Some other local jurisdictions have also considered policies regarding the practice of having boys and girls dress in different colors for graduation.
In Baltimore City and Baltimore and Anne Arundel counties, officials said there is no system-wide policy regarding gender-neutral graduation gowns. In Carroll County, director of high schools Kim Dolch said she didn't know if gender-neutral graduation attire had ever been discussed.
In Harford County, schools spokeswoman Jillian Lader said Aberdeen High School has decided to use gowns of one color this year.
"This change is made at the school level and was decided because the focus of graduation is on the unity of the class, and that each student has achieved the same goal," she said in an email. "Other schools are having similar discussions, but have not made any changes at this time."
Public schools are not the only institutions considering a change. Madelyn Ball, principal at John Carroll School in Bel Air, said administrators of the private Catholic school do not plan to change policies for the current school year, but may consider changes in the future. Currently male John Carroll seniors wear black caps and gowns for their annual commencement ceremonies; females wear white caps and gowns.
"I don't want to be behind the eight ball when that situation could arise," Ball said.
Amy Sauerwalt, who works for PFLAG National — and is the mother of a transgender student in Howard County — said she was "wary" of attributing Howard County's decision to gender identity "and turning it into something people feel like they have to rally for or against."
"But yeah, it's a great byproduct of what is an efficiency in procedure," Sauerwalt said. "It's really cool to see gender not be a distinguishing element in what is a celebration of the student's accomplishments."
Hyde, whose transgender daughter began transitioning from male to female during her junior year of high school, said when her daughter received the graduation gown order form at the start of senior year, she didn't know whether to check the "female" or "male" box.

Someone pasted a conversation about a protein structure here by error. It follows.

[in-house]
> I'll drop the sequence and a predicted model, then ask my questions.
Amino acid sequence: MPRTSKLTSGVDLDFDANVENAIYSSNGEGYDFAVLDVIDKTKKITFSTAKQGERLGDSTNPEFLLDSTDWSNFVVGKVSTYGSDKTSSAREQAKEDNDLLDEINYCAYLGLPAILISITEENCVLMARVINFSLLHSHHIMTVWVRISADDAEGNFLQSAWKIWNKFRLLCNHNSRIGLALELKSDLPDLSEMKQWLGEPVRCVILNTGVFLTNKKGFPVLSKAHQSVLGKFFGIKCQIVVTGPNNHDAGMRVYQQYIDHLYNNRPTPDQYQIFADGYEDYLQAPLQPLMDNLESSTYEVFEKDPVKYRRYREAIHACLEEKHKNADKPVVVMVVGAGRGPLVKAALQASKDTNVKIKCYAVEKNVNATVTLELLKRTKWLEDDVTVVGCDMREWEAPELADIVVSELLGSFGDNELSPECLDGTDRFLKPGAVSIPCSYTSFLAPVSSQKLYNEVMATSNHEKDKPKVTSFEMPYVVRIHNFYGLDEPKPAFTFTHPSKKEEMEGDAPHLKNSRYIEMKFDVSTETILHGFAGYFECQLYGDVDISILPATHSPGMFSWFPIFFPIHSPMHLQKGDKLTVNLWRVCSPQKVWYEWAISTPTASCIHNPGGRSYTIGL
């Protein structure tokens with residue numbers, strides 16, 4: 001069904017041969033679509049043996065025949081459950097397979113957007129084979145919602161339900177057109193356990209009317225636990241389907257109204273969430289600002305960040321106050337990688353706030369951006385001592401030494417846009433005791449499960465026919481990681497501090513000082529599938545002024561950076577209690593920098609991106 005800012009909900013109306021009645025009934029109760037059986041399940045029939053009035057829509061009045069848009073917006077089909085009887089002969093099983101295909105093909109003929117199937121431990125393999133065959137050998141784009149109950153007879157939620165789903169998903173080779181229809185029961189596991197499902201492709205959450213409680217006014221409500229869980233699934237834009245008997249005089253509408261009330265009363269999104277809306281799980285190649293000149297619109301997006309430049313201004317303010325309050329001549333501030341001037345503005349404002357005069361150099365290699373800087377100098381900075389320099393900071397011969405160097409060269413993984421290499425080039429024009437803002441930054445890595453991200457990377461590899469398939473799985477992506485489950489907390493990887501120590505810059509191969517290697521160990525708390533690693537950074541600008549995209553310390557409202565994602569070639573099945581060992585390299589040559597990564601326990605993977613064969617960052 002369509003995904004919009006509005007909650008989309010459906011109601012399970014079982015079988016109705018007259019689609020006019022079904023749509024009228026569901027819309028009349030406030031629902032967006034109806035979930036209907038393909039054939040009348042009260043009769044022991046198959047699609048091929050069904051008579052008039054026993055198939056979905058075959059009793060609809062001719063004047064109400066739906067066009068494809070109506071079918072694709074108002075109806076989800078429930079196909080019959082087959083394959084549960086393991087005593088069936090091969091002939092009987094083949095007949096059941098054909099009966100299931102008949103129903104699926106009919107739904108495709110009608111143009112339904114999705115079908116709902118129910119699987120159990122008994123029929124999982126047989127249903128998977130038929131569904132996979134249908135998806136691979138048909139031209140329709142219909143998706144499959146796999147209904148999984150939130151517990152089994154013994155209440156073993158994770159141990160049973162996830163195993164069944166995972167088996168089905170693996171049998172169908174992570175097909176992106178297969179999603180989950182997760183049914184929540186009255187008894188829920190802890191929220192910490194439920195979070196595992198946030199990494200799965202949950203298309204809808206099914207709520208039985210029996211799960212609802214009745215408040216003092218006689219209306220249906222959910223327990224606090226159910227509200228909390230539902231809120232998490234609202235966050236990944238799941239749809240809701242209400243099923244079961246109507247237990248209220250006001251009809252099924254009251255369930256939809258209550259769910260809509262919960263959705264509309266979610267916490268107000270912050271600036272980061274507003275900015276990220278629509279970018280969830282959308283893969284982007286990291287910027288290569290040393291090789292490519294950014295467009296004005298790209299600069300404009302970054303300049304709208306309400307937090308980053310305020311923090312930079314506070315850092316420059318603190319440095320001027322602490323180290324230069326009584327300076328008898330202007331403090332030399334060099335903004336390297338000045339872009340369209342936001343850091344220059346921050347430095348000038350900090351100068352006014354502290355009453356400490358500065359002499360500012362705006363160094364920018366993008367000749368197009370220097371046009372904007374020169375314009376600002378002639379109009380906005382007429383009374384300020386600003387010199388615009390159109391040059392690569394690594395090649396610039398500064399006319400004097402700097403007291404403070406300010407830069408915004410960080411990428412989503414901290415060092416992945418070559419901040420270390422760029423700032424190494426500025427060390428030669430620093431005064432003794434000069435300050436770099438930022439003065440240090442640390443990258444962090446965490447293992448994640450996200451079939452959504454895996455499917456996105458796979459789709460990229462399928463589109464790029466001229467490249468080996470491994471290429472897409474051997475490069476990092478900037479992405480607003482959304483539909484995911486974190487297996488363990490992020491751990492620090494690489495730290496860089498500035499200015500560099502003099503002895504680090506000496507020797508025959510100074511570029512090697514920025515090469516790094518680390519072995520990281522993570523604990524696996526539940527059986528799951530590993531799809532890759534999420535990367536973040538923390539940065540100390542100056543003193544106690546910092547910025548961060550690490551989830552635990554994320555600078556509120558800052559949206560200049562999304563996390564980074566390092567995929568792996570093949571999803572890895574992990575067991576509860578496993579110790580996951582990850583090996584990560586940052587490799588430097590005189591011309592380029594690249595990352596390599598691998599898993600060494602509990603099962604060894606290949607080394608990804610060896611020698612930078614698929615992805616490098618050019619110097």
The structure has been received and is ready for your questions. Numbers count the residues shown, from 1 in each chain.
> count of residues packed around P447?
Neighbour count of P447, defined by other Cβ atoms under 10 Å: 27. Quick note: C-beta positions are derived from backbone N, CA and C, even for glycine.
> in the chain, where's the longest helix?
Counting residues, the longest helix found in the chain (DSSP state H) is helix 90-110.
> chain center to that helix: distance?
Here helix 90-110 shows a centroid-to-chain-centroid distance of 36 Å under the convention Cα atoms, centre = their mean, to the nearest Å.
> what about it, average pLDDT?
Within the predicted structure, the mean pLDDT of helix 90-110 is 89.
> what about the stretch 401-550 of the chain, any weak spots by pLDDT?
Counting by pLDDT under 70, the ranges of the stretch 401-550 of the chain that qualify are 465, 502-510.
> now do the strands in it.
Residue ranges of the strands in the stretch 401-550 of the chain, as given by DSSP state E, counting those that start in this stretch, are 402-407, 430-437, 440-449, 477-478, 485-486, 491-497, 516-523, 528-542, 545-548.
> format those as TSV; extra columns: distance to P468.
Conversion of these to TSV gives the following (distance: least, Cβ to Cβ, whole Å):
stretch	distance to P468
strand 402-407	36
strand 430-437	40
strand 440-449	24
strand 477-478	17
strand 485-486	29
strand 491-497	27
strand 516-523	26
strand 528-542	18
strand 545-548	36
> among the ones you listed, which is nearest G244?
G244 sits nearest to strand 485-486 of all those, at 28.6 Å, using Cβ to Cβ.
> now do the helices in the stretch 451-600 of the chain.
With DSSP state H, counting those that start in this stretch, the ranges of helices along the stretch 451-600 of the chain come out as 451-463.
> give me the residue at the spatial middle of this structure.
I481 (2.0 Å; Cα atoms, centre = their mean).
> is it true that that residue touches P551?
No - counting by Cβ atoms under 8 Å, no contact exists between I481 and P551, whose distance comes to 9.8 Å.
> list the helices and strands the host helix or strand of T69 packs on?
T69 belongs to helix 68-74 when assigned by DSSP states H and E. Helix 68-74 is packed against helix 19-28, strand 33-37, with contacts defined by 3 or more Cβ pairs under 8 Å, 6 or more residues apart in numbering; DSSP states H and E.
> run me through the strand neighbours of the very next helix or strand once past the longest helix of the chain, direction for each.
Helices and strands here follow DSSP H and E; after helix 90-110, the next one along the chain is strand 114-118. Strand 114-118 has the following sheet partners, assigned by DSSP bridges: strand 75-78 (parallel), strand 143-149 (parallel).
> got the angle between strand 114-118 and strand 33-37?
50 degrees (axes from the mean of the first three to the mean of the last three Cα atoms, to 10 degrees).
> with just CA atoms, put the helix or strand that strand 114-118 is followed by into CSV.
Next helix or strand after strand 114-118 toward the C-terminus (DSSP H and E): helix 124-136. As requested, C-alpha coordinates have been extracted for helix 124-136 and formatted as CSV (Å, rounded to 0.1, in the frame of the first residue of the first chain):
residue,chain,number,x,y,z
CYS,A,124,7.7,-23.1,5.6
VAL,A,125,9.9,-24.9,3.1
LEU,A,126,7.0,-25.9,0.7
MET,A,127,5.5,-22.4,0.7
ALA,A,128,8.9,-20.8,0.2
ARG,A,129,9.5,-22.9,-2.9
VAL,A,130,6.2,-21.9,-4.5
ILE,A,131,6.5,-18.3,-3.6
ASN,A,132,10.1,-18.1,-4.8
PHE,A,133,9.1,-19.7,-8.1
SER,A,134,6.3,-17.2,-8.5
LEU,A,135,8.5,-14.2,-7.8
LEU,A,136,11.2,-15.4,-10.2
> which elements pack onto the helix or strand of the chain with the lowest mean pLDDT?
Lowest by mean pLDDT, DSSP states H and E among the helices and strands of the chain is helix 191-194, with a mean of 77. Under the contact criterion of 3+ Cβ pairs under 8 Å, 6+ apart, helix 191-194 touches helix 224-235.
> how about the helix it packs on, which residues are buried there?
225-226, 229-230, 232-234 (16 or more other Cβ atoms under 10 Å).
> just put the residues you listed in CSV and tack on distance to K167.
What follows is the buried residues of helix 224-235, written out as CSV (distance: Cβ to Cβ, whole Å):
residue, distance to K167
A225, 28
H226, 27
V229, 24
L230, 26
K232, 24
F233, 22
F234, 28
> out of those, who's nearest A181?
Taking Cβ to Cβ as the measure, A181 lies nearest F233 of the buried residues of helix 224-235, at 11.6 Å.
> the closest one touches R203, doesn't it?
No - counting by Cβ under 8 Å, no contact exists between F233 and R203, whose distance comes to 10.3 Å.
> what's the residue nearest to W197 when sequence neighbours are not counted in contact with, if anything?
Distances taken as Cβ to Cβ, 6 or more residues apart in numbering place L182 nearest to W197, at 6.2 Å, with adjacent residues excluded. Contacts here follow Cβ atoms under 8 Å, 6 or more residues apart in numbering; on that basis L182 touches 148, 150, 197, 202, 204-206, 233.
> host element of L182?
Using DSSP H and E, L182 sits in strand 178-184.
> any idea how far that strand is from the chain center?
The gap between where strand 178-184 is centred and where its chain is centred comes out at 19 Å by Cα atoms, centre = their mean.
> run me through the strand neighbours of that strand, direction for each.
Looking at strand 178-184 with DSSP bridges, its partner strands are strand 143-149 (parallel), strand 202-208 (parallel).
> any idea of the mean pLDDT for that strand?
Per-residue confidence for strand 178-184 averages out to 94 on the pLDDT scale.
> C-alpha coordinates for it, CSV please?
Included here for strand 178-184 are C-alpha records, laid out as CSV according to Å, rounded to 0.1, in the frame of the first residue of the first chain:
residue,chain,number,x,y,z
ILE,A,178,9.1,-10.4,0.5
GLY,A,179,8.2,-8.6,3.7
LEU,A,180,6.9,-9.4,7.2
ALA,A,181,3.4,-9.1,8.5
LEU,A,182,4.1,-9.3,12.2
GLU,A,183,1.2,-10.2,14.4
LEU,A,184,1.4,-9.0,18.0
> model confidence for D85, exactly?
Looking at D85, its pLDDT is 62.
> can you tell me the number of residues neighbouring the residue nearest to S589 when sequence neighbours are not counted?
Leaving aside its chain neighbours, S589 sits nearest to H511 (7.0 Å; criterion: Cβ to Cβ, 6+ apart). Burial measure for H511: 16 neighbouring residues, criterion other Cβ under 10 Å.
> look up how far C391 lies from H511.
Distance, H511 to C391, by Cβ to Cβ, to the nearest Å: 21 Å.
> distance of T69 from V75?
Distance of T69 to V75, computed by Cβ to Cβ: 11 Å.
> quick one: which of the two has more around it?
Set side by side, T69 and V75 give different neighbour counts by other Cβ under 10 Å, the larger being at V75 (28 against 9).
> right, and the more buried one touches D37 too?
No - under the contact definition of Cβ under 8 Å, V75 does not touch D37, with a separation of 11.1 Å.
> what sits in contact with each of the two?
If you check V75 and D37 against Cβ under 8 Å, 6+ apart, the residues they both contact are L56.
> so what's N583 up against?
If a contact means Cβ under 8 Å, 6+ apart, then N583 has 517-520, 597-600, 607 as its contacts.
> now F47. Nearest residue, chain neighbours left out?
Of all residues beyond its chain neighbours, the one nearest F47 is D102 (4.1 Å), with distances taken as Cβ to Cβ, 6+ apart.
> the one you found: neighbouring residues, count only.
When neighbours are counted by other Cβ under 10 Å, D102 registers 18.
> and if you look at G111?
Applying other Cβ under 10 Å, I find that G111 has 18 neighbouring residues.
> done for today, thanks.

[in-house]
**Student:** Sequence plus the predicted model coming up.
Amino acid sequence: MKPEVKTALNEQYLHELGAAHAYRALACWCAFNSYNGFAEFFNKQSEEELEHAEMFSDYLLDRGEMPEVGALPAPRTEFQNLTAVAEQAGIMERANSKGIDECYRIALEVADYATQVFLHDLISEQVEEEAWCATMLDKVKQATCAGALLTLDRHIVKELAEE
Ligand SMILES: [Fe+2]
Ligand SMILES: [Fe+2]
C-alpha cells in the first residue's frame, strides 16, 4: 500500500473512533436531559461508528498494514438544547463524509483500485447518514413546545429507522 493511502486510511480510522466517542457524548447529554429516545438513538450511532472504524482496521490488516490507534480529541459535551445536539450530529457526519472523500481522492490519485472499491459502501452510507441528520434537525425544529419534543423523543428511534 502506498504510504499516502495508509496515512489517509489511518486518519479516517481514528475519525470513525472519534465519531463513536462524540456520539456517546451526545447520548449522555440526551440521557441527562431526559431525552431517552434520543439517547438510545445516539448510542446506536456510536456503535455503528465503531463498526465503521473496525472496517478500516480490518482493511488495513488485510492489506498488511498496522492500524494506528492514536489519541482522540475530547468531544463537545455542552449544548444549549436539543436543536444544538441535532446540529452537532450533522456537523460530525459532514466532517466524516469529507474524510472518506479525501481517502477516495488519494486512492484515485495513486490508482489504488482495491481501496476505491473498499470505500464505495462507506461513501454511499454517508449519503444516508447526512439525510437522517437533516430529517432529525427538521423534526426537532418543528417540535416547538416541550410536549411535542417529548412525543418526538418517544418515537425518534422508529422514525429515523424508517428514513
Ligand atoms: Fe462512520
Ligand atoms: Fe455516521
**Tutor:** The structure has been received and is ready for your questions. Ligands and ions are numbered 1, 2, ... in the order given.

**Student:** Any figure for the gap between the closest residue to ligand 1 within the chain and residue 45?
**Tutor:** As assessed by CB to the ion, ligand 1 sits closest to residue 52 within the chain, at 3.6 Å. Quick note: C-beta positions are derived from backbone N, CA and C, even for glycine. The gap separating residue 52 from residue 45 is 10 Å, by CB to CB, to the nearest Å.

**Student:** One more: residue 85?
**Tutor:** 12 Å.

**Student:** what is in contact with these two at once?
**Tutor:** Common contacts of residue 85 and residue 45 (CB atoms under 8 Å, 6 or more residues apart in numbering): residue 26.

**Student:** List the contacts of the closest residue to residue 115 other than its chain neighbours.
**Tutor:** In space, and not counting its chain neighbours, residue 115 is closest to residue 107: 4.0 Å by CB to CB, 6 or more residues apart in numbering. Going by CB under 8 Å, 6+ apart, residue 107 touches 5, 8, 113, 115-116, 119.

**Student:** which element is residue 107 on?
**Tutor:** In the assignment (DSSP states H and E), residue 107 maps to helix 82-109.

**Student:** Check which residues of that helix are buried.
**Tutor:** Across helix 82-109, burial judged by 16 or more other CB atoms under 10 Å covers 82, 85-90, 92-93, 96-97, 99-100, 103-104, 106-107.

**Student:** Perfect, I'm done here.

"She said, 'Mom, what am I going to do? Maybe I just won't go to graduation,'" Hyde recalled. "I was in tears, and I told her, 'You've earned it. If you want to walk with the girls, you're going to check the female box and we're going to make it work."
While Hyde's daughter was allowed to wear the color associated with her transgender identity and sit with the other female students, Hyde thinks that these students should not have to make such a decision.
Students in some Howard County schools began ordering their graduation caps, gowns and other materials this week.
When Marriotts Ridge senior Grace Ellrich, 18, found out about the change Tuesday — that all students would wear navy blue this year — one of her first concerns was that she would not be wearing the same color that her older sister wore to her graduation.
"But I get it, and I think that's an important thing, that everyone's comfortable on graduation day," Ellrich said. "That shouldn't be a stressful point. ... If it is that big of a deal even to one person, then it's worth it for everyone else to put their opinions aside to make that person more comfortable."
Baltimore Sun reporters Liz Bowie and Erica Green and Baltimore Sun Media Group reporters David Anderson, Cindy Huang and Lauren Lorrichio contributed to this article.